‘Better Call Saul’ Season 4 Finale Gives Birth To A Brand New Jimmy

SPOILER ALERT: This article contains details of the season 4 finale of Better Call Saul.
There are many moving parts to Better Call Saul, with the main lingering question being: “How did Jimmy McGill become Saul Goodman?” The season 4 final…

SPOILER ALERT: This article contains details of the season 4 finale of Better Call Saul. There are many moving parts to Better Call Saul, with the main lingering question being: “How did Jimmy McGill become Saul Goodman?” The season 4 finale addresses this and continues to clear the path for the inevitable intersection with the Breaking Bad timeline — although we’ll probably have to wait a little longer to see Walter White or Jesse Pinkman make an appearance in Saul. Even…

‘Better Call Saul’ Co-Showrunner Breaks Down That Long-Awaited Moment in the Season Finale

(Warning: This story contains spoilers from the season finale of AMC’s “Better Call Saul”)

Exit Jimmy McGill. And finally, after four seasons, enter Saul Goodman.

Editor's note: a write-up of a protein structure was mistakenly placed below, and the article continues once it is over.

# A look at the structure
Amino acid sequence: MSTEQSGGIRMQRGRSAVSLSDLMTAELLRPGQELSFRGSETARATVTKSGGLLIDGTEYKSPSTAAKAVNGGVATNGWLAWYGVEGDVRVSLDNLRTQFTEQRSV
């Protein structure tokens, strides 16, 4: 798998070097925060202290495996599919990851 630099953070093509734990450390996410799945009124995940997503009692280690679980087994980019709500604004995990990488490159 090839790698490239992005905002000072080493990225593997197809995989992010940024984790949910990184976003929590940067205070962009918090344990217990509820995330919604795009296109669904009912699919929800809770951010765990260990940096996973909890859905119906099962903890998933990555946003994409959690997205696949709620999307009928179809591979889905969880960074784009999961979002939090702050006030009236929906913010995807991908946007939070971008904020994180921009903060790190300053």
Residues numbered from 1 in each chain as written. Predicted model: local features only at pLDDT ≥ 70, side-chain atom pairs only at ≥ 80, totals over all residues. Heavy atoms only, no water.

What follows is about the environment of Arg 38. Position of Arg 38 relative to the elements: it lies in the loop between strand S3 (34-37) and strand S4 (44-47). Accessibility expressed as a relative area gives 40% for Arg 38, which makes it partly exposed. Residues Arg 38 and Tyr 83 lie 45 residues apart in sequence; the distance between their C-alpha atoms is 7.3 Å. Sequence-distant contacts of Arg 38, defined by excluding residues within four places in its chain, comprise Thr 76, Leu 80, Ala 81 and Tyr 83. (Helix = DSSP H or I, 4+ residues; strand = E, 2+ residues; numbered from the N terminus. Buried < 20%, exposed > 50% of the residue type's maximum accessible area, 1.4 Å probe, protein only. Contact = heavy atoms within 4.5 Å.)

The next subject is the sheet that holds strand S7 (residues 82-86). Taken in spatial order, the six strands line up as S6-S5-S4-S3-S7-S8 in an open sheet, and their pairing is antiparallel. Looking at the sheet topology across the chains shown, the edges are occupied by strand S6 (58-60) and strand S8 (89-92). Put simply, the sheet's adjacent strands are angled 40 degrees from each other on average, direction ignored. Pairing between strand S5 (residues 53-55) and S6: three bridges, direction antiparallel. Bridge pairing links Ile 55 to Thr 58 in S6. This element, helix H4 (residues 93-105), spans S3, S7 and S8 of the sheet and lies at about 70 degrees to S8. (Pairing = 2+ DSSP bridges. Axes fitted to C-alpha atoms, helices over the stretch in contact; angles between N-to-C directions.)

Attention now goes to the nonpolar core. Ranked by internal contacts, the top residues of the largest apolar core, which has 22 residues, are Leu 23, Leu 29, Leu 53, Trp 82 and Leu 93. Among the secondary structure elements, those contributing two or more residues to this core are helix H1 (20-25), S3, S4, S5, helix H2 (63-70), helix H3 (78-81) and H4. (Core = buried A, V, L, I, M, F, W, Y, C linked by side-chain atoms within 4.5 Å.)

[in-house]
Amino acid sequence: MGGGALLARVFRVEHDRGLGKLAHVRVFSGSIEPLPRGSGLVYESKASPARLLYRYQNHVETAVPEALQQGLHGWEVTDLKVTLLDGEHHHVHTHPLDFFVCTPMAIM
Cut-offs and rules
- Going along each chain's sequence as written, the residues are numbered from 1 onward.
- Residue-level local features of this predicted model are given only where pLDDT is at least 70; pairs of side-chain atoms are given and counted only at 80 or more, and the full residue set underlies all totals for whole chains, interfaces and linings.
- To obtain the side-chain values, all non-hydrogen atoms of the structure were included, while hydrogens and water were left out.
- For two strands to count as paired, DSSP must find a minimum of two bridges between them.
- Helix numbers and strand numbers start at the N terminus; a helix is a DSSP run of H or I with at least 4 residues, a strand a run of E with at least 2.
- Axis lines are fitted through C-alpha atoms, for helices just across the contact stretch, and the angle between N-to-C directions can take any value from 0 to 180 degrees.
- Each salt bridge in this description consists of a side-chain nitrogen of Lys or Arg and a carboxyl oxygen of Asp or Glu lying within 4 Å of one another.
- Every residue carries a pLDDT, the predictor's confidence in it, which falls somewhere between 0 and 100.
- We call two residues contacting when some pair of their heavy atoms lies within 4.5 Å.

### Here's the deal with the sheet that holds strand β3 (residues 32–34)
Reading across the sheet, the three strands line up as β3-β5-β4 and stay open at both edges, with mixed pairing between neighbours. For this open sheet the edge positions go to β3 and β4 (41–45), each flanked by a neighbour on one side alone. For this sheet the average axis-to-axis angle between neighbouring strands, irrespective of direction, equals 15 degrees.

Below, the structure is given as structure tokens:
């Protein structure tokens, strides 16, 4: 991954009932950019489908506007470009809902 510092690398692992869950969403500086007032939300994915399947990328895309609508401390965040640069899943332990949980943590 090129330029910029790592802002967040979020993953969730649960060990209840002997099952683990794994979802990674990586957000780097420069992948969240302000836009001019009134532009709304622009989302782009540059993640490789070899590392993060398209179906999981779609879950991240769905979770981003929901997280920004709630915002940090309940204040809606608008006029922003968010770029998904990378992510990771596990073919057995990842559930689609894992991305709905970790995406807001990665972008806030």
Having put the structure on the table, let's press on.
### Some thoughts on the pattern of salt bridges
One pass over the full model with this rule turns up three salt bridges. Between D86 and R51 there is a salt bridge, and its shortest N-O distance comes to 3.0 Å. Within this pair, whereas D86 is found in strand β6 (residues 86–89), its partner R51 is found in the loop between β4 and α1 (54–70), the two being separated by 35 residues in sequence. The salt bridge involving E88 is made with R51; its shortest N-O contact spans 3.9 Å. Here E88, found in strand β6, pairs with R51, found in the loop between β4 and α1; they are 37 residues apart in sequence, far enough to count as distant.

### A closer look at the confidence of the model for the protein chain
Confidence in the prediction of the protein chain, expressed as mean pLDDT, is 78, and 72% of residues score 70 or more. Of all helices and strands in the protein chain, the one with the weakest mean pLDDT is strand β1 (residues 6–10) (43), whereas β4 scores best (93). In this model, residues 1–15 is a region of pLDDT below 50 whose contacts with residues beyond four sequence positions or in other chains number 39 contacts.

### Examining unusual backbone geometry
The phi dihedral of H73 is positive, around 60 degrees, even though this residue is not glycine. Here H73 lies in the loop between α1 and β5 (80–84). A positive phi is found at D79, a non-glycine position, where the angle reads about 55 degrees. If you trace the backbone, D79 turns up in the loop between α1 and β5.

The “Breaking Bad” spinoff wrapped its fourth season on Monday with a moment that viewers had been anticipating ever since we first met Bob Odenkirk’s lovable-but-flawed Jimmy McGill.

“I’m so thankful that everyone stuck with us this long,” Peter Gould, “Better Call Saul’s” co-showrunner tells TheWrap.

After delivering a heartfelt, tearful story about his late brother Chuck (Michael McKean) and winning his appeal to the New Mexico State Bar committee to be reinstated as a lawyer, as they walk out Jimmy does an about-face to Kim (Rhea Seehorn): He was faking the whole thing in an attempt to get a sympathy vote.

Also Read: AMC Renews Paul Giamatti-Produced ‘Lodge 49’ for Season 2